Adam Back (22:46.185)
Yeah, I mean, it’s a frequent topic of discussion. And not all of the block size war was kind of misunderstanding or silliness or politics. Some of it was a fundamental question, which is, if you run into a limitation with Bitcoin, is it better to provide bearer censorship resistant money to as many people as can use

it within the current technology limits, or should we degrade it to a very centralised thing so that everybody gets an equally vaguely-seizable centralised thing? And so what the market said, I mean I view the block size outcome as a market decision, the market said we value Bitcoin for what it is, and so we don’t want it to get degraded.

But the free market solution is the people that can pay more, are the people who get access. So yeah, it is, of course, as enthusiasts for Bitcoin’s use case and differentiated features, we would like it if as many people that want it could get the same level of assurance. But I do think the layer 2s play a part there, because you know,

they are making a trade-off and some uses don’t really need to be on chain for all of history. The Lightning retail and micro-payment things. Of course, some of the Lightning wallets are custodial even. I think maybe about 50% of the volume perhaps even. Some of the popular wallets.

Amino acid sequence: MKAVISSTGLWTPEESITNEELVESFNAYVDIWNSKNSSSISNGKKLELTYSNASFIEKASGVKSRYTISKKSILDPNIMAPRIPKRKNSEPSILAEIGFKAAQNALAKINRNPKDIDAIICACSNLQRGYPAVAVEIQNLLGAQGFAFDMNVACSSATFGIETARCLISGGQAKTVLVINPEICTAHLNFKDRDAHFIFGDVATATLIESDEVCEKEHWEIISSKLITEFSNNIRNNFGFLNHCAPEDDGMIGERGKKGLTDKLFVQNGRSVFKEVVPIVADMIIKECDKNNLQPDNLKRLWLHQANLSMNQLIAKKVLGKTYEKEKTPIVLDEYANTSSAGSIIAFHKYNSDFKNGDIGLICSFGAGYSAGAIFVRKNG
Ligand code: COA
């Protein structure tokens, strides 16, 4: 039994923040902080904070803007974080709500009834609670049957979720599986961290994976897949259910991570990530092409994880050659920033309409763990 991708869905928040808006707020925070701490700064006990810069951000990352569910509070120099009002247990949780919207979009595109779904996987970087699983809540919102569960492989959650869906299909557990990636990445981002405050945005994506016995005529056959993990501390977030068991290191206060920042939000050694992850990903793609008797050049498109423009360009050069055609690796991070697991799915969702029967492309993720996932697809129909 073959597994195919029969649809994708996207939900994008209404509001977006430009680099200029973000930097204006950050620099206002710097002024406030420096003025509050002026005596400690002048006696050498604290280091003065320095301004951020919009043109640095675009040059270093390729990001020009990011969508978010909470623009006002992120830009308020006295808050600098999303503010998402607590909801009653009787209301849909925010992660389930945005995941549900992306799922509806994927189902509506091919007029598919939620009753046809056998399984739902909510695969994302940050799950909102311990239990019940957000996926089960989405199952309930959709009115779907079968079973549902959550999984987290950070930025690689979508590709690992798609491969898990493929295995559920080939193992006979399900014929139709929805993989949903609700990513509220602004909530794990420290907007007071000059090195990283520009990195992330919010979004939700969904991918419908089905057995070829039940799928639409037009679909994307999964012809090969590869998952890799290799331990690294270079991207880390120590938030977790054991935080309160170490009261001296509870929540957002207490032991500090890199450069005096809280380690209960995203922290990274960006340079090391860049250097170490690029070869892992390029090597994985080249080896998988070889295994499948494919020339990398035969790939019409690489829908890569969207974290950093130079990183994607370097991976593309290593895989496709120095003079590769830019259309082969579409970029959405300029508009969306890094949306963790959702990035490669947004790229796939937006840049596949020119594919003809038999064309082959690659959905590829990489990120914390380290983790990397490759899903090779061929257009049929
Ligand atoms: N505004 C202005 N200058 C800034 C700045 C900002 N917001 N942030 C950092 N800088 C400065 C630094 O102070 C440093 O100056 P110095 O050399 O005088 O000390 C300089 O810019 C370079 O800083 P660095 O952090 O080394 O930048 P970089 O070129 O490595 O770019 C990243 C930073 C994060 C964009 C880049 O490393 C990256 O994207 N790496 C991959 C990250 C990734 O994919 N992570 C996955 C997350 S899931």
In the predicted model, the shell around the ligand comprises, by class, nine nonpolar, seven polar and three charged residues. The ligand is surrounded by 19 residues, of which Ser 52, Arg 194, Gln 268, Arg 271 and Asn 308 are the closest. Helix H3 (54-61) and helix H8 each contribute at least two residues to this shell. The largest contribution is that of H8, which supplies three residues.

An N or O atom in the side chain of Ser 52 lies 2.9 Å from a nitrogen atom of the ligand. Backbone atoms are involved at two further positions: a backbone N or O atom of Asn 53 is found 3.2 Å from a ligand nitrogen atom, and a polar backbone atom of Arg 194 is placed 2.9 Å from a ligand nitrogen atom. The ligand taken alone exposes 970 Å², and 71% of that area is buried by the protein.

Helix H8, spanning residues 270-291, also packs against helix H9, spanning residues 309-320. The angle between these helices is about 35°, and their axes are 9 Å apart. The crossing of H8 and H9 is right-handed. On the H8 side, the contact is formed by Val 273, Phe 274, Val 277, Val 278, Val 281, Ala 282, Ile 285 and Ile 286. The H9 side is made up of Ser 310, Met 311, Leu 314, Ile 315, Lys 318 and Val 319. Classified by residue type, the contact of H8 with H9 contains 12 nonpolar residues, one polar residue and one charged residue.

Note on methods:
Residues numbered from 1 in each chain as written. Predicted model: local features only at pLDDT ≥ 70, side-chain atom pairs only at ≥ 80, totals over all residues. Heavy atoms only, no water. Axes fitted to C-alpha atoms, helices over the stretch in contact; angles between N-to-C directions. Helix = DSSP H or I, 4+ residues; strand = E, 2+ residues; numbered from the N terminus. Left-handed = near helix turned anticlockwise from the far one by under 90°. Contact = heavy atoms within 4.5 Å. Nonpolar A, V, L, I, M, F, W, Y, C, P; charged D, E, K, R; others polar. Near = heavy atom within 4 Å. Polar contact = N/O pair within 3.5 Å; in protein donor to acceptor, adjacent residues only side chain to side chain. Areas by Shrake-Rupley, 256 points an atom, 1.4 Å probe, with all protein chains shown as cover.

actually custodial, but even without the custodial factor, it still adds a lot of scale. And I think that, and another kind of layer two that has that kind of, you know.

Adam Back (24:45.169)
opt in, optimize for a different case is liquid, which is more about trading and stable coins and security tokens, basically shares and things like that, which don’t necessarily need to happen on chain. If you’re moving Bitcoin, if it’s a more frequent trader between one custodial exchange and another, does the main chain really need to see that? Probably not, right? You can just move that using liquid. And

If you’re actually using liquid for trustless trade, probably that’s safer than trusting an individual.